In our last 2 issues, I focused on the turbulent times of health insurance coverage and the enormous impact it would have on the retail pharmacy landscape and the consumer. Indeed, the predicted difficulties did, in fact, happen.
Many consumers faced January 1 with major changes in their health insurance. They either lost coverage; gained coverage, but were forced to deal with high-deductible health plan costs; or signed up for health insurance through the public health exchanges, only to find they had no insurance cards to prove their coverage.
Enter the retail pharmacists to the rescue. In the midst of insurance coverage chaos—with some consumers unable to provide new insurance cards—retail pharmacists, from large chains to independents, put the health and well-being of their patients first and provided the necessary prescription medicines. With the finger-pointing, botched website launches, security issues, and, of course, enrollment issues surrounding the implementation of the Affordable Care Act, it would have been easy to “pass the buck” and let others deal with the proof-of-insurance issue. However, pharmacists across the country did their best to ensure that patients did not experience a gap in their prescription medications.
This action is nothing new in the retail pharmacy world. When sweeping changes came along with the new Medicare Part D program, retail pharmacists were there to assist seniors to make the transition as smooth as possible. B. Douglas Hoey, CEO, National Community Pharmacists Association (NCPA), stated that “During the 2006 implementation of the Medicare Part D drug benefit, community pharmacists helped patients with emergency supplies thousands of times. A 2006 survey of over 500 independent community pharmacists found that more than half (58%) provided 50 or more emergency supplies to seniors during the early days of Part D.”
The annual January process today for seniors, as well as anyone else who has a change in healthcare insurance, faces the potential of prescriptions hitting the “black hole” of ambiguity and the chance of noncoverage. However, for those who signed up through the public health exchanges, this year is definitely an anomaly in the usual January transition. Many consumers signed up—or at least thought they signed up—for healthcare insurance through the public health exchanges. However, major issues have surfaced around consumers not having identification cards from their new insurance plans in time for their next prescription refill. Yet, from Rite Aid, Kroger, Walmart, and Walgreens to the NCPA (representing the independent community pharmacist), all have joined together with a common purpose: to assist patients with their normal prescriptions and provide emergency prescription fills for up to a 30-day supply, with no upfront cost. “Every pharmacist knows how important it is for people to take their medications as prescribed, without any interruption,” Robert Thompson, Executive Vice President, Rite Aid, stated.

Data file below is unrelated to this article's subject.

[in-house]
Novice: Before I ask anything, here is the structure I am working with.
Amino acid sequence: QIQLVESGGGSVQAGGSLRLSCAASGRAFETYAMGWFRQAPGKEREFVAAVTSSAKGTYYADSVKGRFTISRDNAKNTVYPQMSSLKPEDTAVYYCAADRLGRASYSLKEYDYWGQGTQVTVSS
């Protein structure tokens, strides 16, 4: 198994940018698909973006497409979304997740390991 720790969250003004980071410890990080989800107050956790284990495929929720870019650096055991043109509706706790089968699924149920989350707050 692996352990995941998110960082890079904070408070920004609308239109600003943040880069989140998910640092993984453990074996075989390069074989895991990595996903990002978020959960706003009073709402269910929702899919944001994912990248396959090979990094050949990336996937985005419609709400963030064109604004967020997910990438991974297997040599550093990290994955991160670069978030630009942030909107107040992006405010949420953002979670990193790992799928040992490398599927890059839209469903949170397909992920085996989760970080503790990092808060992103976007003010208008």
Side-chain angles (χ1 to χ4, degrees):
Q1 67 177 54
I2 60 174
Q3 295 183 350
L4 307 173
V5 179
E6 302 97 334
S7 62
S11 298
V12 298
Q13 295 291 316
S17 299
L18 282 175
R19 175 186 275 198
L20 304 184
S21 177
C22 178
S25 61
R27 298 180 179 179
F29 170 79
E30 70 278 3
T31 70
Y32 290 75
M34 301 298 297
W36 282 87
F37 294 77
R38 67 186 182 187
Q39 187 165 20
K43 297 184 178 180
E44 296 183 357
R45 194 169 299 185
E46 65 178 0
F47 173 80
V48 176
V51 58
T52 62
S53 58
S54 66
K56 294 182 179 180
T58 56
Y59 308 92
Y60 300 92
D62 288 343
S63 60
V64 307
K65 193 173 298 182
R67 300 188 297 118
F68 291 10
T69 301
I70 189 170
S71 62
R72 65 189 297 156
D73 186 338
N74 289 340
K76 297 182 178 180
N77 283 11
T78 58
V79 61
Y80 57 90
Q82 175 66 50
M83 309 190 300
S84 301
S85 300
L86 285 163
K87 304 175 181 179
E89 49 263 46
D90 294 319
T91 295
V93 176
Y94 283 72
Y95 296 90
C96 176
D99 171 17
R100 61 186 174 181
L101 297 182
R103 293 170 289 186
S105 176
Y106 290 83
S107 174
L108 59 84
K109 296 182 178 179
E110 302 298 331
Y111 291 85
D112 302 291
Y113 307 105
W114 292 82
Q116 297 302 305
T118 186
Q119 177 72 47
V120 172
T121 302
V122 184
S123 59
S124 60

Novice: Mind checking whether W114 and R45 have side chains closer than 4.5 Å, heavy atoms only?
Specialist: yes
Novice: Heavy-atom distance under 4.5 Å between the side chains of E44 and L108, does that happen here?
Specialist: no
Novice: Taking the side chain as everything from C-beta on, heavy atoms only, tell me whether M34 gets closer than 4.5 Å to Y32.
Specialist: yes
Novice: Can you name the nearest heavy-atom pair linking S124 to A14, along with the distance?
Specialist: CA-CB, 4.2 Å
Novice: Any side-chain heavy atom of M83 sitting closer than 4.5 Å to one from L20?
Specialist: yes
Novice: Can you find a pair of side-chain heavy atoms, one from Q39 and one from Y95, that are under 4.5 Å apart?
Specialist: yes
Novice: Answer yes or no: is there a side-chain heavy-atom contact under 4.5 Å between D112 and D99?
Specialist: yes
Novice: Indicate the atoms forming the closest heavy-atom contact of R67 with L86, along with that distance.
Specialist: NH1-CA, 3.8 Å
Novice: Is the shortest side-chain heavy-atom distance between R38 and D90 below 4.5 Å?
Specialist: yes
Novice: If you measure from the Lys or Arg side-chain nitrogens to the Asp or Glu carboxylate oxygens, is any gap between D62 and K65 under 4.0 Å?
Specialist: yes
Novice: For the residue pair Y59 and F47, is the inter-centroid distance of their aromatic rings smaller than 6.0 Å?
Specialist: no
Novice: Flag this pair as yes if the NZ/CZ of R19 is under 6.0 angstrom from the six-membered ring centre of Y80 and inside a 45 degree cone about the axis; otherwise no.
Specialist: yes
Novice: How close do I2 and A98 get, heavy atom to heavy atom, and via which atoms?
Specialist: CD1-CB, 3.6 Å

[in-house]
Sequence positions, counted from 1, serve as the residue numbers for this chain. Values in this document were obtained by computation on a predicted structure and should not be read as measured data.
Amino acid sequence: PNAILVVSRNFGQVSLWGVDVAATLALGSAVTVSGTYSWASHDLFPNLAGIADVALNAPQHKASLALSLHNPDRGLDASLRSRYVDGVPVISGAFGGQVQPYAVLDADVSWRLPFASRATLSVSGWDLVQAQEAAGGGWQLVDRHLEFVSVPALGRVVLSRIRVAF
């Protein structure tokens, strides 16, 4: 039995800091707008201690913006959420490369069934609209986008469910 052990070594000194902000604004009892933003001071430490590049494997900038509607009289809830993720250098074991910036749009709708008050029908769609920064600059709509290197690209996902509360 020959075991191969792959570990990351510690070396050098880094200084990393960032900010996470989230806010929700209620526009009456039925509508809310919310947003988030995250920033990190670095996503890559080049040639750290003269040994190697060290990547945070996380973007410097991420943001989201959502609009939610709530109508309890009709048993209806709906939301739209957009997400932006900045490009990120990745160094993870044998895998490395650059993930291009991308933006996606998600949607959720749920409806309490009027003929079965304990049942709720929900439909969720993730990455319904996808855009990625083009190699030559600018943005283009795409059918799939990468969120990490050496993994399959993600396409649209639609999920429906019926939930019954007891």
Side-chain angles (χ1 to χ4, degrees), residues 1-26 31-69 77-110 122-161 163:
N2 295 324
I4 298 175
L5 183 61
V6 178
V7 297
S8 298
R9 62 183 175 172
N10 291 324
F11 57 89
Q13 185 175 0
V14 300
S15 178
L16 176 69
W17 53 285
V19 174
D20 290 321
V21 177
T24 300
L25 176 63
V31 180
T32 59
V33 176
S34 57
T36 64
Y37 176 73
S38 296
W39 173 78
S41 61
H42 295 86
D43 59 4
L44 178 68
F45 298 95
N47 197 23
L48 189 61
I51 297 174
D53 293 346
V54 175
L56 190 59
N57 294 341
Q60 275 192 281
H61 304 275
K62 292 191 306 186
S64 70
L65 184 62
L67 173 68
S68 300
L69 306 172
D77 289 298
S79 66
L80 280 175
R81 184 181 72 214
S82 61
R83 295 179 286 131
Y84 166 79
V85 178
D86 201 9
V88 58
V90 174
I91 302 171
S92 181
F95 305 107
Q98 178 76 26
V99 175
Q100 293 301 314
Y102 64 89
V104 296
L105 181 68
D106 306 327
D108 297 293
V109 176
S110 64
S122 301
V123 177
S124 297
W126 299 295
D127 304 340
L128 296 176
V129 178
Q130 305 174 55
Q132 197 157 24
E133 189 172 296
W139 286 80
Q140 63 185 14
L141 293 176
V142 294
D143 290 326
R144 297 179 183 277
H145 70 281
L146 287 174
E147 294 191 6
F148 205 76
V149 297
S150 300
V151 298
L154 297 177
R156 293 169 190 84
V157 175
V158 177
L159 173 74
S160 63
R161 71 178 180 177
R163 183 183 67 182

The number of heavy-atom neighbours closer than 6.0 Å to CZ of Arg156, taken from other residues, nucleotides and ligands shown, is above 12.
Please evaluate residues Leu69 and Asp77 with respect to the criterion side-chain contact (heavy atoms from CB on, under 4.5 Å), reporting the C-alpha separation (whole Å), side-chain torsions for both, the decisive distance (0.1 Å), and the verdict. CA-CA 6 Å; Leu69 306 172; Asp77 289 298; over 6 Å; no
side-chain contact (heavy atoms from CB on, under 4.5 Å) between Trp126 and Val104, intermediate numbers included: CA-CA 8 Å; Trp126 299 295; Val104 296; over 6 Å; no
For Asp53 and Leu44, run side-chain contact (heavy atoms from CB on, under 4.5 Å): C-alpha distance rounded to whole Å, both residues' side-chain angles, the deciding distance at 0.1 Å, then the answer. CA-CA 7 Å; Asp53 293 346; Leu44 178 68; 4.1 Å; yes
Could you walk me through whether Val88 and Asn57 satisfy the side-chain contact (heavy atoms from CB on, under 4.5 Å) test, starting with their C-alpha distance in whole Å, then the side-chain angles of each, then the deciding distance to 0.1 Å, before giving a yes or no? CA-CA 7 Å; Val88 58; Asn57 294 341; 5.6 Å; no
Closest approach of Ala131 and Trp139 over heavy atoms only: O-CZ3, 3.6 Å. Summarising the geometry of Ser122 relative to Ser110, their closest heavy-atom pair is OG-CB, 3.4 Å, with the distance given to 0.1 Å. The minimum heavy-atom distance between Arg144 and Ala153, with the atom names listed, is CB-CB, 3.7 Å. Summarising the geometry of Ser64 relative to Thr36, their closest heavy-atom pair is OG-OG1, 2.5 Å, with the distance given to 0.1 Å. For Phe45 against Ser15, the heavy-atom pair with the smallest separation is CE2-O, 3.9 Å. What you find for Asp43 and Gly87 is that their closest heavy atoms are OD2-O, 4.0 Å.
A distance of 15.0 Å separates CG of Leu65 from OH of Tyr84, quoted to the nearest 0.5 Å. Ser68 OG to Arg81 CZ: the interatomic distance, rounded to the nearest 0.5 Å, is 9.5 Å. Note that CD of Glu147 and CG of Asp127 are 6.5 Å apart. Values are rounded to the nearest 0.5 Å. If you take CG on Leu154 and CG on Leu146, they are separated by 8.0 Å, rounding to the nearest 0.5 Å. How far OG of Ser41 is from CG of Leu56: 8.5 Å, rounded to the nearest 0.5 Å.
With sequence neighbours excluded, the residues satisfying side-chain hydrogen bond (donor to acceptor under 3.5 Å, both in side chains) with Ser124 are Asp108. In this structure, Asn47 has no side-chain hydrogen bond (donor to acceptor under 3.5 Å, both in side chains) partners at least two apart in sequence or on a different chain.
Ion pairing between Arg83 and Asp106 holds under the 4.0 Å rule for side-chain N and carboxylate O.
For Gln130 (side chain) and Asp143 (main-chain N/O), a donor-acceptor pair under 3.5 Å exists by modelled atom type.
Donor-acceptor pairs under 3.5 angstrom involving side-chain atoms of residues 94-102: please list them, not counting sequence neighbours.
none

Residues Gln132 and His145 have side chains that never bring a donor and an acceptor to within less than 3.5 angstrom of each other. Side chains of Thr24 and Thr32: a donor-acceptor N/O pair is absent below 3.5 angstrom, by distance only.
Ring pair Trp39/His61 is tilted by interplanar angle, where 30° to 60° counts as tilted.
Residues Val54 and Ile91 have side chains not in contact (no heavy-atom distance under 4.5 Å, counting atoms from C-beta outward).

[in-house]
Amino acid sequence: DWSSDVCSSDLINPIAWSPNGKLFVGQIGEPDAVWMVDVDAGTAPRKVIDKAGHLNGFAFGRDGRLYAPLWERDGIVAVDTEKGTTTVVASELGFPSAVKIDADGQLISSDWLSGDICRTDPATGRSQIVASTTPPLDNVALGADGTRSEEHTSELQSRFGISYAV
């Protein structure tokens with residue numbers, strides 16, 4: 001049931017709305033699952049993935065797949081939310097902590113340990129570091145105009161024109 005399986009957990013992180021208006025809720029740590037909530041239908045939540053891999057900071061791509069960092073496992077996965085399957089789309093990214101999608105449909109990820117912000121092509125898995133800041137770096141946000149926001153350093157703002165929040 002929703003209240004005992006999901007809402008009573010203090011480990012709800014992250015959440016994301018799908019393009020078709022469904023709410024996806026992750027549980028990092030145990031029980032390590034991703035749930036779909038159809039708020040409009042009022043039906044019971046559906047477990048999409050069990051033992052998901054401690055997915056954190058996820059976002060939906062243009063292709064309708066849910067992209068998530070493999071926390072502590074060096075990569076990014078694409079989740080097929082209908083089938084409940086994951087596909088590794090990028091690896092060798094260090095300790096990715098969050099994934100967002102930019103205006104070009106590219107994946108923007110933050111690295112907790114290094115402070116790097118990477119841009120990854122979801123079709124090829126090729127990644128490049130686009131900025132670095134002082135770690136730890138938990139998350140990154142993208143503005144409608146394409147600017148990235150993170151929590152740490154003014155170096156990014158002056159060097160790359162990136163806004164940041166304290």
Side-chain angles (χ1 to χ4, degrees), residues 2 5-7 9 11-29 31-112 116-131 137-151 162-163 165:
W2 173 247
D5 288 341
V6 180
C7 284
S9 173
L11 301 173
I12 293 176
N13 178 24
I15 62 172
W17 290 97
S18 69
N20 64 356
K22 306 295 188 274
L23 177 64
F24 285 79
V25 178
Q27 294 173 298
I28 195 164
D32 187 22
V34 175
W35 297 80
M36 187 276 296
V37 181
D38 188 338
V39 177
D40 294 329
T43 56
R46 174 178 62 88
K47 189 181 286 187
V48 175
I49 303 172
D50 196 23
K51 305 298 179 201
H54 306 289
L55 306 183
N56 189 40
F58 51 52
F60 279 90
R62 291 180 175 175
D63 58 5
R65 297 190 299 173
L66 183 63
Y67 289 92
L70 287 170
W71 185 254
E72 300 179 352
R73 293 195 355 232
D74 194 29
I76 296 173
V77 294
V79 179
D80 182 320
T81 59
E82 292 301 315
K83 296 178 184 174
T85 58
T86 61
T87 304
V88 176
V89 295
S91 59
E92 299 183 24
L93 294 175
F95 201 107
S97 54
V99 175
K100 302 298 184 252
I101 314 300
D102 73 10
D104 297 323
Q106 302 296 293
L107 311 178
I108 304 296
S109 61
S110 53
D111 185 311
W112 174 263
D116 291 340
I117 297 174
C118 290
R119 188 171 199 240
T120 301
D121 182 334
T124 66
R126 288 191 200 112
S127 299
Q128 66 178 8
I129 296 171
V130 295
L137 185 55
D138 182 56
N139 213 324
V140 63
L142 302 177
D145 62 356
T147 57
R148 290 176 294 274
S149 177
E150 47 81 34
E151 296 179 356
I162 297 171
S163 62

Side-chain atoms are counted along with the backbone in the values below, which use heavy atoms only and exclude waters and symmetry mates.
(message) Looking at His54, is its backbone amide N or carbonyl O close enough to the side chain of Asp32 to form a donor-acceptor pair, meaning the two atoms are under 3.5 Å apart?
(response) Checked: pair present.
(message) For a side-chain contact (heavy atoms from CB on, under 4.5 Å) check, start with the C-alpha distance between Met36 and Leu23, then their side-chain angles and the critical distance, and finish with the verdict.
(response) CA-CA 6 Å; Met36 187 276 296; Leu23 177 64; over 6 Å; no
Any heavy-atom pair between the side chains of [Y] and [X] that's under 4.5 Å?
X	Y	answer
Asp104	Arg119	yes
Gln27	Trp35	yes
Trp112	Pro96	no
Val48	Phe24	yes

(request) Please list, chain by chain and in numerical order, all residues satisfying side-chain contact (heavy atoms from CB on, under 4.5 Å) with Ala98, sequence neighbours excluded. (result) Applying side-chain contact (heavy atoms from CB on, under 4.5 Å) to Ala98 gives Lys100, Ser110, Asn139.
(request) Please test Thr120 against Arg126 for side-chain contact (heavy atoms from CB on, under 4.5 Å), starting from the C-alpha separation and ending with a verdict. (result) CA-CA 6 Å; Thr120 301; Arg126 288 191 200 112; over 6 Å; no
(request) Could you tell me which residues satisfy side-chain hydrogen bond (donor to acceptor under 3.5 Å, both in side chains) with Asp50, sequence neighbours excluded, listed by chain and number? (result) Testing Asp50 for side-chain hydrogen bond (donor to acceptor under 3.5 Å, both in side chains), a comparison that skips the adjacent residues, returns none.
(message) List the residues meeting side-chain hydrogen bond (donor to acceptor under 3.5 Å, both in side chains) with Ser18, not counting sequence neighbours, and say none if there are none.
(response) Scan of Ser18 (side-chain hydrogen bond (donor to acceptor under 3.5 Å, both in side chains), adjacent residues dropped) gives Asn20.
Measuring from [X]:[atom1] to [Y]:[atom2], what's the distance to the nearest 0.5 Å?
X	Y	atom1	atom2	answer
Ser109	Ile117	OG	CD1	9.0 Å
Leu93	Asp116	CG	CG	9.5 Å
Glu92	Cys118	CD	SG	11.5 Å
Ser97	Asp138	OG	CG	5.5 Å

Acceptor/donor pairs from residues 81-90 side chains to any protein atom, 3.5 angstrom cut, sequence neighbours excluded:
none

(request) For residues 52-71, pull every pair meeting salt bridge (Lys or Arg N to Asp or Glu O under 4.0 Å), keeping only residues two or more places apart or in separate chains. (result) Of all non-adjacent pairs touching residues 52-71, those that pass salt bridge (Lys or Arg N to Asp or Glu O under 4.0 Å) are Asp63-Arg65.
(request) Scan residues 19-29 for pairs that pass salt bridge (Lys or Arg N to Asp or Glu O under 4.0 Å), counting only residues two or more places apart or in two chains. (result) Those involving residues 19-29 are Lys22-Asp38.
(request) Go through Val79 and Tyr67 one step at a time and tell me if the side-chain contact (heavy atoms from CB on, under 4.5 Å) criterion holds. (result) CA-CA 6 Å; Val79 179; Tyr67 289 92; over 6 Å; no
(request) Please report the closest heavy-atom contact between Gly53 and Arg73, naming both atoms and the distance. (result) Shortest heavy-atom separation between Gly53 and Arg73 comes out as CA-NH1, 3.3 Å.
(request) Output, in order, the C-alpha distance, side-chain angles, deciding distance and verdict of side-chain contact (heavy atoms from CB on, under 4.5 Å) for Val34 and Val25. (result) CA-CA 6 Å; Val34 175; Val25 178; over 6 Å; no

Adherence rates for prescription medicine in this country already suffer. We do not need a breakdown in the healthcare system to further exacerbate this problem. To that end, I applaud the proactive stance that retail pharmacists across the country have taken. They are answering health plan coverage questions and providing prescription fills to keep patients adherent to their medications while websites get fixed and identification cards continue to get mailed out. In addition, Walgreens should be commended on recently announcing the extension of its program through April 15, since the public health insurance marketplace open enrollment deadline is March 31. I am sure other retailers will follow suit. The normal January 1-month transition has now become the “new normal” 4-month transition, at least for 2014. Next year could be a whole new story.
At Inside Pharmacy, we encourage and promote retail pharmacists to “come from behind the counter” and engage their patients and customers. In this case, not only did retail pharmacists accomplish this action, they definitely stepped up to the plate! Maybe that’s why pharmacists are highly rated when it comes to patient satisfaction and, above all, trust.